Other programs are also open after graduating with the Bachelor’s degree, in particular some interdisciplinary Master’s programs.
Further information on Master’s study programs.
Please note that the information regarding the programs’ structure as well as the simplified study plan may be subject to change and that these are no legally binding. Only the official regulations and study plans are binding.
While some of them choose to join the R&D departments of companies specialized in medical technology, others opt for the pharmaceutical industry.
In hospitals and research labs, life sciences engineering graduates oversee the establishment of new technological infrastructures. They are also well placed to act as consultants to financial groups investing in biomedical and biotech development. Lastly, following their Master’s, many of them go on to pursue an academic path by joining a PhD program.
Currently I am working as site facilitator for our continuous improvement program on the DSM Lalden site in Visp. However, in the next few months I am going to take my next step as well, and be operational excellence manager.
Watch full video-interview
I work for a company that provides equipment for the production of biological drugs, such as filters, fermenters or scales.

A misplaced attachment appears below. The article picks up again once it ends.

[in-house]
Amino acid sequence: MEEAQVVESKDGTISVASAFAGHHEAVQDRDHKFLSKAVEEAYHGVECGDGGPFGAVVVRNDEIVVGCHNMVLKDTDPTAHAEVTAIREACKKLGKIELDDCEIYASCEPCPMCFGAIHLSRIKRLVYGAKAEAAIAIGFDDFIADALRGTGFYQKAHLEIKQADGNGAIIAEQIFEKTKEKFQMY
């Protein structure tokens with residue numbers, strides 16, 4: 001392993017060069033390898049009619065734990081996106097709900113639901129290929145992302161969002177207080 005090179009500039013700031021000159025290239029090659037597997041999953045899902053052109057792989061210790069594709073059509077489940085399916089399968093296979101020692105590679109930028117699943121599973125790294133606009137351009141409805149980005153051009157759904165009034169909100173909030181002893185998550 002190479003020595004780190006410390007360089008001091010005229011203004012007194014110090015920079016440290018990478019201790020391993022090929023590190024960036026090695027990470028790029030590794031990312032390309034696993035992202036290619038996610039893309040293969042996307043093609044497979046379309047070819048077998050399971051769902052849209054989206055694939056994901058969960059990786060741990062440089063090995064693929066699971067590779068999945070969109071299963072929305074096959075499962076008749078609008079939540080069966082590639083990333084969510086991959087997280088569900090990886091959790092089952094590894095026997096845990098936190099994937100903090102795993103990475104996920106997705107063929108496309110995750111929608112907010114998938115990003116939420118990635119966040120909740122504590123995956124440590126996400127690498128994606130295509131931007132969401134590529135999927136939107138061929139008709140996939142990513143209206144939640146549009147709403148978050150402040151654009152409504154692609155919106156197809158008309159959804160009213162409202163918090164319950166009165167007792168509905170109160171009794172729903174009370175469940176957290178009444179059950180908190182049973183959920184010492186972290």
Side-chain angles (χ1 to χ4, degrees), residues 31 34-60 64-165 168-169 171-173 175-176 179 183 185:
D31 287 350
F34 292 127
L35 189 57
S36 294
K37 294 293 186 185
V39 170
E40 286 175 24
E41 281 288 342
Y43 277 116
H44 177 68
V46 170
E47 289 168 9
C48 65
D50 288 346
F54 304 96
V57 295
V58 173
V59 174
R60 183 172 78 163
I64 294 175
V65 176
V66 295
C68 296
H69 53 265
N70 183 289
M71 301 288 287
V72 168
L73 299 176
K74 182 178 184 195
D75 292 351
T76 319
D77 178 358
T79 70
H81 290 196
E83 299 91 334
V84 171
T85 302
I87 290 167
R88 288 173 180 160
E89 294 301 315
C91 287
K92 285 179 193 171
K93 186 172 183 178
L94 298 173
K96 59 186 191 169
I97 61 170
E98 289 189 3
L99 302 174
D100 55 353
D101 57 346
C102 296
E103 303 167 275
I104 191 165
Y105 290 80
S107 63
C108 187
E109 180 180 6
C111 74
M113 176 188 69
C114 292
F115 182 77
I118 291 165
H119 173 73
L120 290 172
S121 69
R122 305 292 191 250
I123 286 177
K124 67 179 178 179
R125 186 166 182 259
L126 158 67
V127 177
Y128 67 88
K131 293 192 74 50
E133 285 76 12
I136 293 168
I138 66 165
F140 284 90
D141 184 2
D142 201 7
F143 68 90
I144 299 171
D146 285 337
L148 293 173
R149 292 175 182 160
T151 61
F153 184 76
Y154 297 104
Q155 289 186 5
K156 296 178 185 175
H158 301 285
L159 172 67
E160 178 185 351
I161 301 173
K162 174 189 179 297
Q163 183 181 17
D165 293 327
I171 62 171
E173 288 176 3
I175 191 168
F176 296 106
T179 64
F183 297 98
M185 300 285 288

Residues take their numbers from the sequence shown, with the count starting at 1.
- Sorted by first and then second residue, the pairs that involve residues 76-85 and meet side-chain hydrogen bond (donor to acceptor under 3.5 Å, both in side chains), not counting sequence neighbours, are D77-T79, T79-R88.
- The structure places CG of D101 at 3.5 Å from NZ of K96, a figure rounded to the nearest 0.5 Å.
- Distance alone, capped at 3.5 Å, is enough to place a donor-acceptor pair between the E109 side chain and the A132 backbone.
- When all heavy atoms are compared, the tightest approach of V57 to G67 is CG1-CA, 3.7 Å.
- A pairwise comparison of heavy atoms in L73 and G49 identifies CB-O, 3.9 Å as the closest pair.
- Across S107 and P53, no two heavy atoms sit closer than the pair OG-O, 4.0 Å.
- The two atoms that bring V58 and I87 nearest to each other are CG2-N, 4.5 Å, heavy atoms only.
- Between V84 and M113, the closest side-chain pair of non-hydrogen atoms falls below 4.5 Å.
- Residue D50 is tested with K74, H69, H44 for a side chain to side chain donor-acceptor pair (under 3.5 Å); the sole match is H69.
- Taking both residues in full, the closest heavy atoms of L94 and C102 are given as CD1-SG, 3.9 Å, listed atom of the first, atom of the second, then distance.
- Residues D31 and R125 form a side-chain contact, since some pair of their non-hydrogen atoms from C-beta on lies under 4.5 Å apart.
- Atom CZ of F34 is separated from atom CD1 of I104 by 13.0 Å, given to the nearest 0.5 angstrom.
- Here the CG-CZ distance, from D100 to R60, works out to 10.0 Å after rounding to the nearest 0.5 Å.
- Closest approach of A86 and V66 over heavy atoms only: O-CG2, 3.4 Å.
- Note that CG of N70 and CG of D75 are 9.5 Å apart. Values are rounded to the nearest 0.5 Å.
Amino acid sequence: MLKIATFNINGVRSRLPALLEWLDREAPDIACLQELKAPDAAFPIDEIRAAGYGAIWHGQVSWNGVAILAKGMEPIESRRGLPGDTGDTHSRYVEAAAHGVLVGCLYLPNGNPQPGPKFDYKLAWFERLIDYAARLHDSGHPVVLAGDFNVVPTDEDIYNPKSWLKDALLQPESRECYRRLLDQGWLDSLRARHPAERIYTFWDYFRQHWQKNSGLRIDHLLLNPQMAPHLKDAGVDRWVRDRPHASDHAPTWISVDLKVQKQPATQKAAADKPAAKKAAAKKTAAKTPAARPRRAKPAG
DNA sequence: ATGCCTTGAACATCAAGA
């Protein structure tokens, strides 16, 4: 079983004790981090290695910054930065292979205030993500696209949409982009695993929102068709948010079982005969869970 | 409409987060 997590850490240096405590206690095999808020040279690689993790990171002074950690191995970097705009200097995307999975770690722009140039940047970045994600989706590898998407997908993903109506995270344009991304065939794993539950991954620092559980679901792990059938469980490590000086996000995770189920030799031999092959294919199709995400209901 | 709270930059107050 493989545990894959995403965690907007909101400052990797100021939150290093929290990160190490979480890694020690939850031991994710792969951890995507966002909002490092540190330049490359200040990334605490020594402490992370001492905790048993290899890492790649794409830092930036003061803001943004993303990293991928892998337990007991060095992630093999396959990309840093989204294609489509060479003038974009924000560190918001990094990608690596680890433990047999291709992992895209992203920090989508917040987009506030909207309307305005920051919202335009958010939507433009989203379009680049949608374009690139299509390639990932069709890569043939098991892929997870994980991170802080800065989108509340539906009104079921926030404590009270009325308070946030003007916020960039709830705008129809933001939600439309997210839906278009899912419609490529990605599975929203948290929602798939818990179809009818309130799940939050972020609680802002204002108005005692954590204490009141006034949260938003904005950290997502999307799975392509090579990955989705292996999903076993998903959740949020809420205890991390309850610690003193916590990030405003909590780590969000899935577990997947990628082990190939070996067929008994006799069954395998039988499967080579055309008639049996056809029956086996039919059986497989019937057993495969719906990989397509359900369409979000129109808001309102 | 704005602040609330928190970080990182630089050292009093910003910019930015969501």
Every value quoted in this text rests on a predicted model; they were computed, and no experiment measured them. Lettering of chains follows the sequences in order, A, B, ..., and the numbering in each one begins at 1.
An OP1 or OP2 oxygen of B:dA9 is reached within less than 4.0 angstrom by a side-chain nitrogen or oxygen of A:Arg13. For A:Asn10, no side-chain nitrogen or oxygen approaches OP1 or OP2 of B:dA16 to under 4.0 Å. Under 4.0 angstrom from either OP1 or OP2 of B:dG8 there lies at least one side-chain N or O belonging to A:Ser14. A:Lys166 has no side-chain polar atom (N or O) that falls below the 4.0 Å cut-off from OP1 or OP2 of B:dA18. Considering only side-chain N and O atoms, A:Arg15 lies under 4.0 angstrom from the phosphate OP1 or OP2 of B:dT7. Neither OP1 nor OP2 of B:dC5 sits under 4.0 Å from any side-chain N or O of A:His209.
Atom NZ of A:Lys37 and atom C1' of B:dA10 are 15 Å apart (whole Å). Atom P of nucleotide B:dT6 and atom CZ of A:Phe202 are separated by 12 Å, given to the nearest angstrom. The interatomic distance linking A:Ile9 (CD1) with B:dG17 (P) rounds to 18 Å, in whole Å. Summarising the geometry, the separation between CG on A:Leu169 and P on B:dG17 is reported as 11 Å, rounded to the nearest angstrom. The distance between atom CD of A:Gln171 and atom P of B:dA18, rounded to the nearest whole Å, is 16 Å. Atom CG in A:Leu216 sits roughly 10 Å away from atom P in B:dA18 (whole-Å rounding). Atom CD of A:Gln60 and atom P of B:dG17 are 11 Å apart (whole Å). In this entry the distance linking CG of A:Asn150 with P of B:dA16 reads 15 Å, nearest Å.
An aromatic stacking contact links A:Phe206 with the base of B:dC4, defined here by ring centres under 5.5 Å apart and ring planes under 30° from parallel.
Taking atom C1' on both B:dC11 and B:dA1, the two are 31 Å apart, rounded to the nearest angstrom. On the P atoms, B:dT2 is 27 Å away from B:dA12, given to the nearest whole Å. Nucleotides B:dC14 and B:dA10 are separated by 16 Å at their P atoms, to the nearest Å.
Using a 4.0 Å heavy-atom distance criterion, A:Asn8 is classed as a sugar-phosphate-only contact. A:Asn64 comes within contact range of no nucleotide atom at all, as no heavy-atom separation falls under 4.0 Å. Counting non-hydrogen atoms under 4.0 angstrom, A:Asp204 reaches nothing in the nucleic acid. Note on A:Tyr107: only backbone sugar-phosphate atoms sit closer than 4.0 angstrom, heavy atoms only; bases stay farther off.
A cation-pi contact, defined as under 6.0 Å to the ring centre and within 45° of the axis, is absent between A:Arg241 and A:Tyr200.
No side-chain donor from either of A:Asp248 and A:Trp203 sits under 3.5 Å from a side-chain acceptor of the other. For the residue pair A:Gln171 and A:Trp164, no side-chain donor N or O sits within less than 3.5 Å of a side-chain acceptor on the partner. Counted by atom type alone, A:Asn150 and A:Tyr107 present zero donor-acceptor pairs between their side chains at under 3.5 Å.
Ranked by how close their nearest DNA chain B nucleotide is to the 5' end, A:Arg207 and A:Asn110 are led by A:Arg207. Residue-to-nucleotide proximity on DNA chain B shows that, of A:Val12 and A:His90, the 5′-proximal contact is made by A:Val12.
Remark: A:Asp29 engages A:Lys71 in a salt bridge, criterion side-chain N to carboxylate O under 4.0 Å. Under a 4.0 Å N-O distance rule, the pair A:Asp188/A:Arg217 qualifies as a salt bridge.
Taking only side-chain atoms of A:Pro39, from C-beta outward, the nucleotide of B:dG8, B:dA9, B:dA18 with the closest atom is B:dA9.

I work as an “application specialist” in purification technologies. In concrete terms, I give technical support to the sales teams for our purification products, mostly for those made to eliminate viruses. I visit the clients to help them use our products, test them or solve any technical problem.
My job is a good balance between science and marketing. Every project starts with a technical meeting with the client. If we convince him, we then organize small-scale tests in his laboratory. For example, the client might want to integrate a virus removal filter in his process. If these tests are successful, we organize scale-up studies, before eventually validating the process. In the case of this virus filter, I need to go to a specialized lab, to test it with the client’s product and “real” viruses. As a project can take many years, I am always working on about thirty projects at the same time!
I already did my Master’s thesis in the company I am currently working for, in the R&D department. After that, I did a marketing internship in the same company. Thanks to these two years in the headquarters in Germany, I was able to create a good network. I also met my colleagues and realized that this was my dream job! And after that, I was lucky: my boss agreed to create a new position for me in Switzerland. For me, the transition between my studies and the job market was easy. If I had an advice to give to you if you are interested in a position, it is to ask for it! The people around you might not be aware of your interest.
I travel a lot in Europe for my job, mostly in Switzerland, in Italy and in the Netherlands. I love working with such different clients, either in their origins, in the type of projects they work on (monoclonal antibodies, vaccines, gene therapy, etc) or in their size (multinational like Novartis, Baxter or Lonza, to SME or start-ups). But it is not easy every day: travelling all the time is tiring, and so is eating outside and sleeping at hotels. It also affects your private life. But this variety also makes every project unique and interesting.